“The schools that win national championships see a significant push in their licensing revenues,” Thomas said. “When you win a national championship, you take on a more national effect because of the exposure that goes with it.”
Thomas predicted that if Georgia won a national championship in football, royalties would gross more than $9 million, nearly twice the amount made last year ($5.383 million). Georgia merchandise royalties could climb even if the football team lost in a national championship, as evidenced by Notre Dame’s climb up the list of top grossing schools after appearing in the 2013 title game, according to ESPN.com’s Darren Rovell. (Notre Dame went from ninth to third in one year.)
And even if you don’t, it may work out if you have a forgiving fan base.
“I don’t really think that Georgia fans get down for that long,” Towe said. “Everybody’s disappointed when they lose but there’s always next week. I see a quick rebound in attitude. People take a couple of days to pout and then it’s back to business.”
You’ve got to make hay while the sun shines. And that sunshine doesn’t last too long.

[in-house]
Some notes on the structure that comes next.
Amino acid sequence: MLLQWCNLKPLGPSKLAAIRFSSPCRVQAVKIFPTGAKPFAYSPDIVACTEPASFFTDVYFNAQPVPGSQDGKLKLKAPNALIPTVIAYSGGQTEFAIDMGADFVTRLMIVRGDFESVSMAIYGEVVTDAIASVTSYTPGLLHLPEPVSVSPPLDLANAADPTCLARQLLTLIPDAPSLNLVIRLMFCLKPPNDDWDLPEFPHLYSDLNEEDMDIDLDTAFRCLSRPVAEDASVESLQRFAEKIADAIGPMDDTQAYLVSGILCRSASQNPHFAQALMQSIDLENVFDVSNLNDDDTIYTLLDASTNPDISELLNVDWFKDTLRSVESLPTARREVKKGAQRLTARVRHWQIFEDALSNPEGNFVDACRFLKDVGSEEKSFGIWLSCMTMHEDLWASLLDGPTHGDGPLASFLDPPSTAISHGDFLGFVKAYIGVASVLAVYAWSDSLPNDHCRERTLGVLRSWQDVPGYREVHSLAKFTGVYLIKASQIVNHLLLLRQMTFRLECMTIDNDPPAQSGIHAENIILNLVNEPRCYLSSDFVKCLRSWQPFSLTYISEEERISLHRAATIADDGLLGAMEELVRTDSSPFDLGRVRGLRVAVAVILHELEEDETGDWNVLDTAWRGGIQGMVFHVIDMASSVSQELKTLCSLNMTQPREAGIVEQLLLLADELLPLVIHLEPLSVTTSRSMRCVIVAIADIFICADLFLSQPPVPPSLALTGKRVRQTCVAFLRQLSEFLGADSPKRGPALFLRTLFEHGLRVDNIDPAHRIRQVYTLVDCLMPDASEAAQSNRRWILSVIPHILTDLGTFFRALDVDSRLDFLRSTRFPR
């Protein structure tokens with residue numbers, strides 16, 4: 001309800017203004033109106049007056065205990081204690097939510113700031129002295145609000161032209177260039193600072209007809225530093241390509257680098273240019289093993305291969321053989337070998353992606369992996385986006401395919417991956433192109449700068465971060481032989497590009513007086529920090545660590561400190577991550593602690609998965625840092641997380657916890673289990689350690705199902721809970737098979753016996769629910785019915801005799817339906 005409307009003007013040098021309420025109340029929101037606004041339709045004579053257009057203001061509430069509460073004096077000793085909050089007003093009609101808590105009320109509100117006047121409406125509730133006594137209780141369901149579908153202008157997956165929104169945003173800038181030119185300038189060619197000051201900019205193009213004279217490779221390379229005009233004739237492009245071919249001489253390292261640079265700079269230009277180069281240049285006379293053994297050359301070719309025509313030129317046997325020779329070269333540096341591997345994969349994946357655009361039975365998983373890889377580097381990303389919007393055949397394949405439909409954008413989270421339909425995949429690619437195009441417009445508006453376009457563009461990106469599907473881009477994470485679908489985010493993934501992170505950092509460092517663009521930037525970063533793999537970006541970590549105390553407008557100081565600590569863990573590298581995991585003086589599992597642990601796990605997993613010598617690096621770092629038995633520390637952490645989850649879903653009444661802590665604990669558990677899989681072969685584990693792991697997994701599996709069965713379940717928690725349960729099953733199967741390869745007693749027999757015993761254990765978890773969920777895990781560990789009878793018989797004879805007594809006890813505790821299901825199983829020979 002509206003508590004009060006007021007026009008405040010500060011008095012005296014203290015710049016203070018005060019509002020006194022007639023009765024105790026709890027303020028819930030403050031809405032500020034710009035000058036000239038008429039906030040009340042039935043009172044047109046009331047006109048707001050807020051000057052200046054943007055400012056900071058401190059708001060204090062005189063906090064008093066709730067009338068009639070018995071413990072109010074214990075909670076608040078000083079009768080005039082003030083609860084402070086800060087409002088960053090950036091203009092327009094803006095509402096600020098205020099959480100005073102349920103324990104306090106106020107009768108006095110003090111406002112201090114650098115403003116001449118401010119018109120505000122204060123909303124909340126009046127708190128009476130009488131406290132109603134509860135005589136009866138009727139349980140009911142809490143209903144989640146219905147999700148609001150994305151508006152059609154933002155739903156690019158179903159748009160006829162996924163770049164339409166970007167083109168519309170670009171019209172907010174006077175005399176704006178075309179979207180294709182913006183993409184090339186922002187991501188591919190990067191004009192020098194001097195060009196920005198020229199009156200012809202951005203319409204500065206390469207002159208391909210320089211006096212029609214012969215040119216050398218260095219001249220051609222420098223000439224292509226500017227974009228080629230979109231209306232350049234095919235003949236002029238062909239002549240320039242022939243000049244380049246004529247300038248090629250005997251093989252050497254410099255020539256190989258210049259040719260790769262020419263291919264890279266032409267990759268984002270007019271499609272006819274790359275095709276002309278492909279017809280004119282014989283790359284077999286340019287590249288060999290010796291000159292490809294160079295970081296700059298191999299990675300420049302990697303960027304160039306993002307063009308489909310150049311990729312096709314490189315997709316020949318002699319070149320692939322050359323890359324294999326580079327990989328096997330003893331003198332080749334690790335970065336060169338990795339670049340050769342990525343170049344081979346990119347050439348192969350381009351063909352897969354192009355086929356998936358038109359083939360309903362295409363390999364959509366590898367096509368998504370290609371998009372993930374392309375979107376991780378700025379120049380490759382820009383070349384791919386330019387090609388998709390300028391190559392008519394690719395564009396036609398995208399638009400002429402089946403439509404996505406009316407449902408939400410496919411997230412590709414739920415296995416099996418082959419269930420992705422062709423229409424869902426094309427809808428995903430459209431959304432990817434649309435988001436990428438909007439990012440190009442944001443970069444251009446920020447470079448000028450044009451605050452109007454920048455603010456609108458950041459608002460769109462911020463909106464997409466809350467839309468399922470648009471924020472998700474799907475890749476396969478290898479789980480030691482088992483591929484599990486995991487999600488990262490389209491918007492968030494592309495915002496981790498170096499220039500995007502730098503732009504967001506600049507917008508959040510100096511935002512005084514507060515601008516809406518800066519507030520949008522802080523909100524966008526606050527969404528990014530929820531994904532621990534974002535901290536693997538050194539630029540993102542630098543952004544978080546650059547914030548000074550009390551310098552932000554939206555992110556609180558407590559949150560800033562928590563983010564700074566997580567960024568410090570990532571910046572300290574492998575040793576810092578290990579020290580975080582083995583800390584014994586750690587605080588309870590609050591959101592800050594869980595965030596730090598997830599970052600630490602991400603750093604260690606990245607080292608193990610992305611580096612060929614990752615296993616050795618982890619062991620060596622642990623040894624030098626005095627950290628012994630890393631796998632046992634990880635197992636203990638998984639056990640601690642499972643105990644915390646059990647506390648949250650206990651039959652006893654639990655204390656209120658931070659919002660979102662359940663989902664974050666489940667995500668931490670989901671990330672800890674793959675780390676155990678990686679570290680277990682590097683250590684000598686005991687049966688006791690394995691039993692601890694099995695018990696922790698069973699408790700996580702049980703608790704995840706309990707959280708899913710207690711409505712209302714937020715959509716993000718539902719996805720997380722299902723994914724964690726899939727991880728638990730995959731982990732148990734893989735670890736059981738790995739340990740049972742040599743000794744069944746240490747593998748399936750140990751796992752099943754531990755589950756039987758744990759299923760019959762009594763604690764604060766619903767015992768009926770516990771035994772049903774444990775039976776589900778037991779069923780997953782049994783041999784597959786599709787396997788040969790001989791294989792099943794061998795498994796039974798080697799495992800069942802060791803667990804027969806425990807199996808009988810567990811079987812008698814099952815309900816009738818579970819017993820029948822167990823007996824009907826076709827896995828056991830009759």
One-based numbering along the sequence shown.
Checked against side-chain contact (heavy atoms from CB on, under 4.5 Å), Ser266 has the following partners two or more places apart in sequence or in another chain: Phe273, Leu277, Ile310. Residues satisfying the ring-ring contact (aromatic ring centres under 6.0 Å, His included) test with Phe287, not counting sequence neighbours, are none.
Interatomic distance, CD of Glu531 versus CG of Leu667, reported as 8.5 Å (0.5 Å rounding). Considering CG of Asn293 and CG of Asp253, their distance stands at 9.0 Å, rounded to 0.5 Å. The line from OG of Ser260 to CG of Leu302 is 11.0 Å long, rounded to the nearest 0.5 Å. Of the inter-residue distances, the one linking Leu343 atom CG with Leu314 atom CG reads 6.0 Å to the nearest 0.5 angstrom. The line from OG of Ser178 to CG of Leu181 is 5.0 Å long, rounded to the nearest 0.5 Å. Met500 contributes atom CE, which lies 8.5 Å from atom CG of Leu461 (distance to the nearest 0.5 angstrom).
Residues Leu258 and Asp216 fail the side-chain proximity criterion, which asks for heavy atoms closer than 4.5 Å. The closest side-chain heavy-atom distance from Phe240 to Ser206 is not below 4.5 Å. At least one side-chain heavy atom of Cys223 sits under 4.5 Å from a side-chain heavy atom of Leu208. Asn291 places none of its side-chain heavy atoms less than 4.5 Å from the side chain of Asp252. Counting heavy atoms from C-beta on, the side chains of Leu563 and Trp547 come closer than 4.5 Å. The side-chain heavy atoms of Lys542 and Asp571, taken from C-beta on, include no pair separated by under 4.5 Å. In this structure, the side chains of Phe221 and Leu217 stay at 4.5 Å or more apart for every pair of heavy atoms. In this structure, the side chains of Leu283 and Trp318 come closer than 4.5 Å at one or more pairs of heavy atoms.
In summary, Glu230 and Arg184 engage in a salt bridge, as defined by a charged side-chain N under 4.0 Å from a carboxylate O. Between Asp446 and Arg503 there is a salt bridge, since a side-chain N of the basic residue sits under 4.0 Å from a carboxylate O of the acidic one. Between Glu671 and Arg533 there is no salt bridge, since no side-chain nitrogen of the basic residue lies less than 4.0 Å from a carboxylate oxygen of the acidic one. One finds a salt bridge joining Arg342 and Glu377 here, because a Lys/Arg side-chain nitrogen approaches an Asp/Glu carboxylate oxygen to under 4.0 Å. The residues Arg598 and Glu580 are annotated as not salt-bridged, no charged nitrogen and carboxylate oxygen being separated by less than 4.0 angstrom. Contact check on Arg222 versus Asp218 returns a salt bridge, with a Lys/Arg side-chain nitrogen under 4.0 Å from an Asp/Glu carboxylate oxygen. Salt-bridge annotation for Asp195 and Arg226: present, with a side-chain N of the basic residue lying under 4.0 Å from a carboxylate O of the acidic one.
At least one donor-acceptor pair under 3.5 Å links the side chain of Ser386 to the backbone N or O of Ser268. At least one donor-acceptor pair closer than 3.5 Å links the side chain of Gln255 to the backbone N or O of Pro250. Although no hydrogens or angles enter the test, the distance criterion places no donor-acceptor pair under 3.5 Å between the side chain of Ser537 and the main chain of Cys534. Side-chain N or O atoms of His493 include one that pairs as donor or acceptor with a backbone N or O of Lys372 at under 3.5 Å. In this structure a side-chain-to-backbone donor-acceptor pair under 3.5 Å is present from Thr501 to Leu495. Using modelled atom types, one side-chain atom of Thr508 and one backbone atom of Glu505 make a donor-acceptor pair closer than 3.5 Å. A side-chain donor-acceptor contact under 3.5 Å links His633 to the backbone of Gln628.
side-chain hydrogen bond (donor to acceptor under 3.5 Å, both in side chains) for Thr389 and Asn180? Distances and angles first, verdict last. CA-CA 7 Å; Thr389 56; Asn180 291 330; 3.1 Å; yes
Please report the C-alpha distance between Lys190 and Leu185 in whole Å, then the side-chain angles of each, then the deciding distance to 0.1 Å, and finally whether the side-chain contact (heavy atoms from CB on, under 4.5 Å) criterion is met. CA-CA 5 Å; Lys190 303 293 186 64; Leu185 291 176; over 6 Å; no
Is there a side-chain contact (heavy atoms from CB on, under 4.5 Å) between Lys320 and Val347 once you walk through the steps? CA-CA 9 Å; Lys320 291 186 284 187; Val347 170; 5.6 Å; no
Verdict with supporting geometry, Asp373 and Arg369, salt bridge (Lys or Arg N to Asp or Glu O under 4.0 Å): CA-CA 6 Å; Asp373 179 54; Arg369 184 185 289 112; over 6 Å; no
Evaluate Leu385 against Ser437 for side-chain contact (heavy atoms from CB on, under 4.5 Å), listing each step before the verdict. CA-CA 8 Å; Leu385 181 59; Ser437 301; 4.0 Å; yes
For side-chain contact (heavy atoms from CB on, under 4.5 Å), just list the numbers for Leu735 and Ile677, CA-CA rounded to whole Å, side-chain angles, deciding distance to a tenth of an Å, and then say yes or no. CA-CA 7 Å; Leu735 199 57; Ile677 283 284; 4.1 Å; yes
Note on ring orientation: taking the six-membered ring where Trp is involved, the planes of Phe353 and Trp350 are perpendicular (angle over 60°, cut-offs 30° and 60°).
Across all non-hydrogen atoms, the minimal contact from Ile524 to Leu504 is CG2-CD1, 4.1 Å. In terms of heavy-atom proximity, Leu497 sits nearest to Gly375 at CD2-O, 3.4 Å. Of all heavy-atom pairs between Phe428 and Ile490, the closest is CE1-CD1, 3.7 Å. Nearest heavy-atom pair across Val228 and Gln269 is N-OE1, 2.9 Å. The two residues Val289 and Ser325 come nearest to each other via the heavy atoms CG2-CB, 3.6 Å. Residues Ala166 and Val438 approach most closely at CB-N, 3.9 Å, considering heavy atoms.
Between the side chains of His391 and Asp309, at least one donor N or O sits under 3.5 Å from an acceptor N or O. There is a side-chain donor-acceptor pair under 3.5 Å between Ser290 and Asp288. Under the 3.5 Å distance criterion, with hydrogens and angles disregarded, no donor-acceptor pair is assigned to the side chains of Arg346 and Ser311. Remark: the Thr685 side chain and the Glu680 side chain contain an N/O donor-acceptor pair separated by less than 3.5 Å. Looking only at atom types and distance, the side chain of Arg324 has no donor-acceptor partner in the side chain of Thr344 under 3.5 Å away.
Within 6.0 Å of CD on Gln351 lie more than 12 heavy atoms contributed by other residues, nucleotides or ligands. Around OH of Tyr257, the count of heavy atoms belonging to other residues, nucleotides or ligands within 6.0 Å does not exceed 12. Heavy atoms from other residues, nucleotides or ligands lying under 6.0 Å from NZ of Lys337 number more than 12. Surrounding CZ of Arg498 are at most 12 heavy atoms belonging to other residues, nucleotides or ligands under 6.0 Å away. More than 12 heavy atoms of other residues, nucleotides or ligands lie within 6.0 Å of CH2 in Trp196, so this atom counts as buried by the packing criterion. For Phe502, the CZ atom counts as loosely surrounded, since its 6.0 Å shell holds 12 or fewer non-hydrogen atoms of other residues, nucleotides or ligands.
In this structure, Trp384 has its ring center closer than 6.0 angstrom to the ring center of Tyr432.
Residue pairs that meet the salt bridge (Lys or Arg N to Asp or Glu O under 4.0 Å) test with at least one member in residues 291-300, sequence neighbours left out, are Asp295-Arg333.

But once the football season is over, the rush trickles down. Red Zone and the Clubhouse don’t see nearly as much traffic in the spring as they do in the fall. Royals said the rest of the year was just a lot quieter.
Her store and other Georgia memorabilia stores like it are able to stay in business because of a constant, if somewhat dimmed, demand for “G” or Bulldogs-branded items.
“We’ve seen the cycle 10 times and it’s pretty much unchanged,” said Towe, who opened Red Zone in 2003. “The end of football season is also the same as the end of the calendar year and the holiday season. There’s that typical dip. We climb through December and January 1st, until the bowl game, and then (sales) take a nose dive. Then it’s a steady climb back up the ladder.”
You want to get those licensing revenues up? Get to that national championship game, or schedule more regular season home games. Cupcake? It’s what’s on the menu.